In 1946, banker John Biggins introduced the first bank card, Charg-It, across his neighborhood in Brooklyn, New York. When a consumer charged a purchase at a local merchant, the charge would be forwarded to Biggins’ bank, which would reimburse the merchants and collect payment from the consumer.
This development was noteworthy because it birthed the concept of card payment networks. Ensuring consumers could use card payments while in motion emerged as a key driver of the expansion of such networks across communities, and eventually borders. Now this same tactic is being replicated as mobile wallets go global. And, as is often the case, Chinese digital consumers are playing a starring role.
China’s growing outbound tourism market was one of the biggest travel stories in the last decade. As disposable incomes rose, Chinese residents chose more outbound destinations over domestic trips for their holidays. The Chinese government also entered into agreements with other nations to make it easier to go abroad.
This boosted China’s outbound tourism, posting the greatest absolute growth in the number of outbound trips over 2012-2017, according to Euromonitor International. More impressively, China has been the largest outbound travel market since 2012, with Chinese travelers now collectively spending more than Americans and Germans when traveling abroad. China is set to increase its lead over other countries, with Euromonitor projecting China to show the largest increase in outbound spending between 2017 and 2030.
As more Chinese consumers started to go abroad, these consumers were also being introduced to a mobile-first lifestyle. Chinese consumers were among the first to embrace the multifunctionality of mobile devices, using these new gadgets to interact with one another and with brands. Eventually, Chinese connected consumers started to use such devices to purchase a wide array of goods and services. For the first time in 2015, Chinese consumers made more purchases through mobile phones than computers. As of 2017, 73% of digital purchases were mobile-based, according to the latest data from Euromonitor.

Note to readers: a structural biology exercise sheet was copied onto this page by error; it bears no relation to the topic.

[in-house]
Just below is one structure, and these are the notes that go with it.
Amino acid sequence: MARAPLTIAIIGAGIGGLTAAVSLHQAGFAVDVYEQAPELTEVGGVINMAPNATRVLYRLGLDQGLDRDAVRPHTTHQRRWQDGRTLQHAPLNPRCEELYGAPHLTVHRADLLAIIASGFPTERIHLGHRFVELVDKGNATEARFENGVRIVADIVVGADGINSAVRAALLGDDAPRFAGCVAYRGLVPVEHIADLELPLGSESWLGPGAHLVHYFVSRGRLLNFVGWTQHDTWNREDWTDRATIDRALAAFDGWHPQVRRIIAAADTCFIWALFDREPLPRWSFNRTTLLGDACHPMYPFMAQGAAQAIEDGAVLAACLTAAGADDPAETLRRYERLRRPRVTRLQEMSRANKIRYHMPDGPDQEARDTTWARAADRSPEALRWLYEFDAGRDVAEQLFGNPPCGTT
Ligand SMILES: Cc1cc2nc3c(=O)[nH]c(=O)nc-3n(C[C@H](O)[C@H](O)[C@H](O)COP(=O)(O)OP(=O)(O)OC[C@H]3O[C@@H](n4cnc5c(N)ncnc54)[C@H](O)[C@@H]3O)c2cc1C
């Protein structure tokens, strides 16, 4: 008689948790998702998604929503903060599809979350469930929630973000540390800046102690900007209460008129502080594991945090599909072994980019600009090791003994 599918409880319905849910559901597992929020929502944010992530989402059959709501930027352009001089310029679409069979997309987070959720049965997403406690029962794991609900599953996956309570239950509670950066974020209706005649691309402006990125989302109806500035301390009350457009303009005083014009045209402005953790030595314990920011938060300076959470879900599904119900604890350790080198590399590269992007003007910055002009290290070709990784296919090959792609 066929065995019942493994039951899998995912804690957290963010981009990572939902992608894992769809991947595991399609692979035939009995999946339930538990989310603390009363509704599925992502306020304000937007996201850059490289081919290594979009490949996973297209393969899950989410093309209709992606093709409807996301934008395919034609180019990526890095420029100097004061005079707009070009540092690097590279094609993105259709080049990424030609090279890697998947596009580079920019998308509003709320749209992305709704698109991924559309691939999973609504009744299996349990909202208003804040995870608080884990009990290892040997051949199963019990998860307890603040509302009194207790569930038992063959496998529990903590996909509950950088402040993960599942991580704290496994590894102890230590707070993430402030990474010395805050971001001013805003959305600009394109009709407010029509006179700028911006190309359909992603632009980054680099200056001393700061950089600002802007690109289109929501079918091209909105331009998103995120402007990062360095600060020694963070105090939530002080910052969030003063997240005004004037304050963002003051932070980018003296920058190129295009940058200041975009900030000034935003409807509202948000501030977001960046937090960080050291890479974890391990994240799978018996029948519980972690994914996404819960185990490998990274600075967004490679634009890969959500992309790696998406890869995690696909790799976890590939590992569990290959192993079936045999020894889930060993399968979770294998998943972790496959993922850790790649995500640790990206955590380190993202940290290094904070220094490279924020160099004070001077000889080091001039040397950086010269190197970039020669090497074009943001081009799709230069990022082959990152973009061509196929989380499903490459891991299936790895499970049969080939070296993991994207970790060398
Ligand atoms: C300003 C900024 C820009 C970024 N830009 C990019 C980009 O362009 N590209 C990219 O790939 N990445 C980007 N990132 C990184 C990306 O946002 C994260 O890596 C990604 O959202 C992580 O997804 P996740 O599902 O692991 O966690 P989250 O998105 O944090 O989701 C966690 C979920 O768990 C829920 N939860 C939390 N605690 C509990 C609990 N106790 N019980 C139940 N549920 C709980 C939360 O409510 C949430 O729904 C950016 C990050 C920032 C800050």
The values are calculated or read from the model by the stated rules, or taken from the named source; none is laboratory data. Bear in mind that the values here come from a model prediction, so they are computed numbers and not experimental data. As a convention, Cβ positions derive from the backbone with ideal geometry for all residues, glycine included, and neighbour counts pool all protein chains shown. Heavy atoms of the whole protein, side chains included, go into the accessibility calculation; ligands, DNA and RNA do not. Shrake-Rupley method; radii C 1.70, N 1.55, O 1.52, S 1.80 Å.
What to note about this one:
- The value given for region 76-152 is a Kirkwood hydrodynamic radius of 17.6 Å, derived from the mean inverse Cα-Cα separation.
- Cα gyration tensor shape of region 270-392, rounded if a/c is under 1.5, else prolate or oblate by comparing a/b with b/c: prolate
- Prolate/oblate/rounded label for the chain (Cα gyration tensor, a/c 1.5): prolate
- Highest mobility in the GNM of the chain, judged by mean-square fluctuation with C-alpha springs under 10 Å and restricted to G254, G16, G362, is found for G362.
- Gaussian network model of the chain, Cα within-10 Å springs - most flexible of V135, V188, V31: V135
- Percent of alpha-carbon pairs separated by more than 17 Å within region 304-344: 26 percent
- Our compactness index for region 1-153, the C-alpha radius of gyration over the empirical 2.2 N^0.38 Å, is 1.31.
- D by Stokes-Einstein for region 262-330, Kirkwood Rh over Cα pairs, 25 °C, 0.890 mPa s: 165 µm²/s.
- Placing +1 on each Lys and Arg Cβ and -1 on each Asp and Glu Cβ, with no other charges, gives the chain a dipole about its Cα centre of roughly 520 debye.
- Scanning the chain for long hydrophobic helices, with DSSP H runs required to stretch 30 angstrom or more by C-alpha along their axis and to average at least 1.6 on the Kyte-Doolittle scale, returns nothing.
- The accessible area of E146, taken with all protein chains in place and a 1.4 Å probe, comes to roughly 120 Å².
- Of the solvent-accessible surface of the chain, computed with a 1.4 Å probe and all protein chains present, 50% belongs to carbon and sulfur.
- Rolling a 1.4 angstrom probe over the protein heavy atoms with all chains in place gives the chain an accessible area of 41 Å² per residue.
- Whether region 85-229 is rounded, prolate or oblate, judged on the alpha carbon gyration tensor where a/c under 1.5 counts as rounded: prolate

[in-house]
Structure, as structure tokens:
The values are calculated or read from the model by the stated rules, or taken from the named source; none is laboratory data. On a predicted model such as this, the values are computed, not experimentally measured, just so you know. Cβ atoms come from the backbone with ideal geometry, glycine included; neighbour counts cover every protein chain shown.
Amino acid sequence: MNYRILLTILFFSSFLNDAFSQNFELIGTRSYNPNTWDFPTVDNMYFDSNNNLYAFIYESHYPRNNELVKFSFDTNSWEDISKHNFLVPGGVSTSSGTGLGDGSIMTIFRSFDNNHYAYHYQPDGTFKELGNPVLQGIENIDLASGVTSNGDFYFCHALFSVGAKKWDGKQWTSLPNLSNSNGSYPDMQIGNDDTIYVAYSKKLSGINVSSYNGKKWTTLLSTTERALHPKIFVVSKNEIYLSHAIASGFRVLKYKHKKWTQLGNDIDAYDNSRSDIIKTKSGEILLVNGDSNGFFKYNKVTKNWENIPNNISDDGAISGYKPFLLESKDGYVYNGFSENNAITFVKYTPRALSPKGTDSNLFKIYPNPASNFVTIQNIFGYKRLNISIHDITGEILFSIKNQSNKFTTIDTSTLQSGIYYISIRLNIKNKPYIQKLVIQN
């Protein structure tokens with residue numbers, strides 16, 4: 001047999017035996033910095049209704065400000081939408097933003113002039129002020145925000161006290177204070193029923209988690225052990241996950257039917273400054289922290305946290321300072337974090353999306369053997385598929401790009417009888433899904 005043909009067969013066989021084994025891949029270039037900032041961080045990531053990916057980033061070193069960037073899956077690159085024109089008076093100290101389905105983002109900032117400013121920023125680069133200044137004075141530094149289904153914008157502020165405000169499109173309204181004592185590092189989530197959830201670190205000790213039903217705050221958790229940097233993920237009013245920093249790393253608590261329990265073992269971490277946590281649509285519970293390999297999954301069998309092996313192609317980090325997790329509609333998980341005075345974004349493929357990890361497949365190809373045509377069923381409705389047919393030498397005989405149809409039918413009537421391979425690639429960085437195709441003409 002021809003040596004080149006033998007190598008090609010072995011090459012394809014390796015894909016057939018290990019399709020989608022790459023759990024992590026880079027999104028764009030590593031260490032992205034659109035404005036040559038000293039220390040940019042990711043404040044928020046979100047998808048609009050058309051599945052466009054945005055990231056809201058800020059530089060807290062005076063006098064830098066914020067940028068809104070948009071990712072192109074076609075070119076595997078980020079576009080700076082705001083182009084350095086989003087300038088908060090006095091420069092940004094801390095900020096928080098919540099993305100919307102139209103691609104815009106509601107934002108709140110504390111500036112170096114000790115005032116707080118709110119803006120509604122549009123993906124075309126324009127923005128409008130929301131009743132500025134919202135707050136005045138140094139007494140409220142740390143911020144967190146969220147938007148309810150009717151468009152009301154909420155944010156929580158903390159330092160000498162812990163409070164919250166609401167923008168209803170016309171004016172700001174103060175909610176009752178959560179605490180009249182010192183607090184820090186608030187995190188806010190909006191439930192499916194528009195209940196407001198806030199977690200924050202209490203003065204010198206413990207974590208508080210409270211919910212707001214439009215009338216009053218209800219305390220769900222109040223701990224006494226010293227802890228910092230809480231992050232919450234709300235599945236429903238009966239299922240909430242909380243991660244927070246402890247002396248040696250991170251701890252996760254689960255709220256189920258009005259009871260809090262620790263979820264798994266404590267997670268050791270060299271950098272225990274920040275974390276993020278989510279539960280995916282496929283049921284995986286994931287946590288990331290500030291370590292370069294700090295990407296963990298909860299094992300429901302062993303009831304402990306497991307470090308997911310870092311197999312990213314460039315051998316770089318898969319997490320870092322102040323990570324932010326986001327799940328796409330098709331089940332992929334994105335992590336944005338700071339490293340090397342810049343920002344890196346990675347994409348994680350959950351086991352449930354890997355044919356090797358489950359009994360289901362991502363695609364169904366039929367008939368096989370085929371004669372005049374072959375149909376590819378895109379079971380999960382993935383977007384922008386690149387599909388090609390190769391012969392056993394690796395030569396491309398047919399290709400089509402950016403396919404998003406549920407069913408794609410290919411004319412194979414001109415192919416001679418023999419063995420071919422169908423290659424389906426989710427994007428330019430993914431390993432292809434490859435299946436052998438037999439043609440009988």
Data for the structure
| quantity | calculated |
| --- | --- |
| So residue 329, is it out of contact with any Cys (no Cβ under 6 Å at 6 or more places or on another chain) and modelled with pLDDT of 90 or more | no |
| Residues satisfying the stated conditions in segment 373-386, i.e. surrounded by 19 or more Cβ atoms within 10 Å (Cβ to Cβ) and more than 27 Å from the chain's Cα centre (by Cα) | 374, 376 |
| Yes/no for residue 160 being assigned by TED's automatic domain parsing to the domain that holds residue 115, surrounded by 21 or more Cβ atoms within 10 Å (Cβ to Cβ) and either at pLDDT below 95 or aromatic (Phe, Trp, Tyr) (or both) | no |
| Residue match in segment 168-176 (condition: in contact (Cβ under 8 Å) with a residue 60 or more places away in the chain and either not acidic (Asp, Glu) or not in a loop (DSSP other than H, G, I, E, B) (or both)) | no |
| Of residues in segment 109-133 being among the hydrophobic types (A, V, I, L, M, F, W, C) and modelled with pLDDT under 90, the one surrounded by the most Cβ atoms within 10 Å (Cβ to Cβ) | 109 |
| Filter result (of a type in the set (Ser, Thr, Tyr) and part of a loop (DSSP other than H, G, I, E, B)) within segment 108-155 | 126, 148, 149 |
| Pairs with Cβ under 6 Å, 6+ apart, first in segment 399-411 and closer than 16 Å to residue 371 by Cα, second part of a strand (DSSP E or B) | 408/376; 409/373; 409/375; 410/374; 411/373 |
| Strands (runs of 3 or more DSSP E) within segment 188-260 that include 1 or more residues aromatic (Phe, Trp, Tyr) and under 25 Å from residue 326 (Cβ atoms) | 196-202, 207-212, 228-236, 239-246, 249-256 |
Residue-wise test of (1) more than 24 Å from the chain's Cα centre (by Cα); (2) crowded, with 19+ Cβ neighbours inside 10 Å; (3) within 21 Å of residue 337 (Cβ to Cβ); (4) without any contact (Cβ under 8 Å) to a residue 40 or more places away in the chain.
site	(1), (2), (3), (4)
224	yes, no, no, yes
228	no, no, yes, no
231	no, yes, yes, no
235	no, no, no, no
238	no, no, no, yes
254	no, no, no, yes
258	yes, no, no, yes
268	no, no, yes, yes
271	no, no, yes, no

Players, such as Alipay and WeChat, which offer Chinese consumers lifestyle-driven apps with commerce capabilities, are powering many of these transactions in China and now abroad. These Chinese wallets are moving west, as the spending power of the country’s residents grows and the government improves international cooperation, allowing consumers to travel to more nations.
Alipay, which has an estimated 520 million active users, now supports payments in 27 currencies across 30 countries. “It allows Chinese consumers to spend with the method they are familiar with,” explained Souheil Badran, president of Alipay North America, at Money 20/20 US in November 2017. In particular, Alipay has partnered with a number of payment providers, including First Data, Verifone, Payworks and Stripe, to expand acceptance outside of China. Payment partnerships will be important as connected Chinese travelers grow in number and venture further. Euromonitor forecasts that Chinese residents’ outbound tourism expenditure will be among the fastest growing globally, with a 7.4% compound annual growth rate over 2016-2030 – a figure that is expected to outpace China’s overall consumer expenditure growth.
Unlike wallets like Apple Pay or Samsung Pay, Chinese wallets, such as WeChat Pay and Alipay, may have no choice but to follow Chinese consumers, because their wallets are not as exportable. Tencent, for example, attempted to launch WeChat in India, but competing services like WhatsApp derailed these attempts. Thus far, Chinese wallets have performed best in markets where there is a large Chinese influence, whether that be in terms of expatriates or regular Chinese visitors.
In many ways, the battle lines for global mobile wallet supremacy have already been drawn. China’s wallets like Alipay and WeChat will grow on the back of the expanding influence of China’s growing middle-class segment.
In contrast, the wallets offered by tech titans like Apple and Samsung, which leverage the existing card payment networks, will find greatest uptake in markets where there is a high propensity to pay with cards. That being said, the two will not compete for the same consumer. Tomorrow’s dominate mobile wallets will be one wallet that serves Chinese consumers and one that serves everyone else.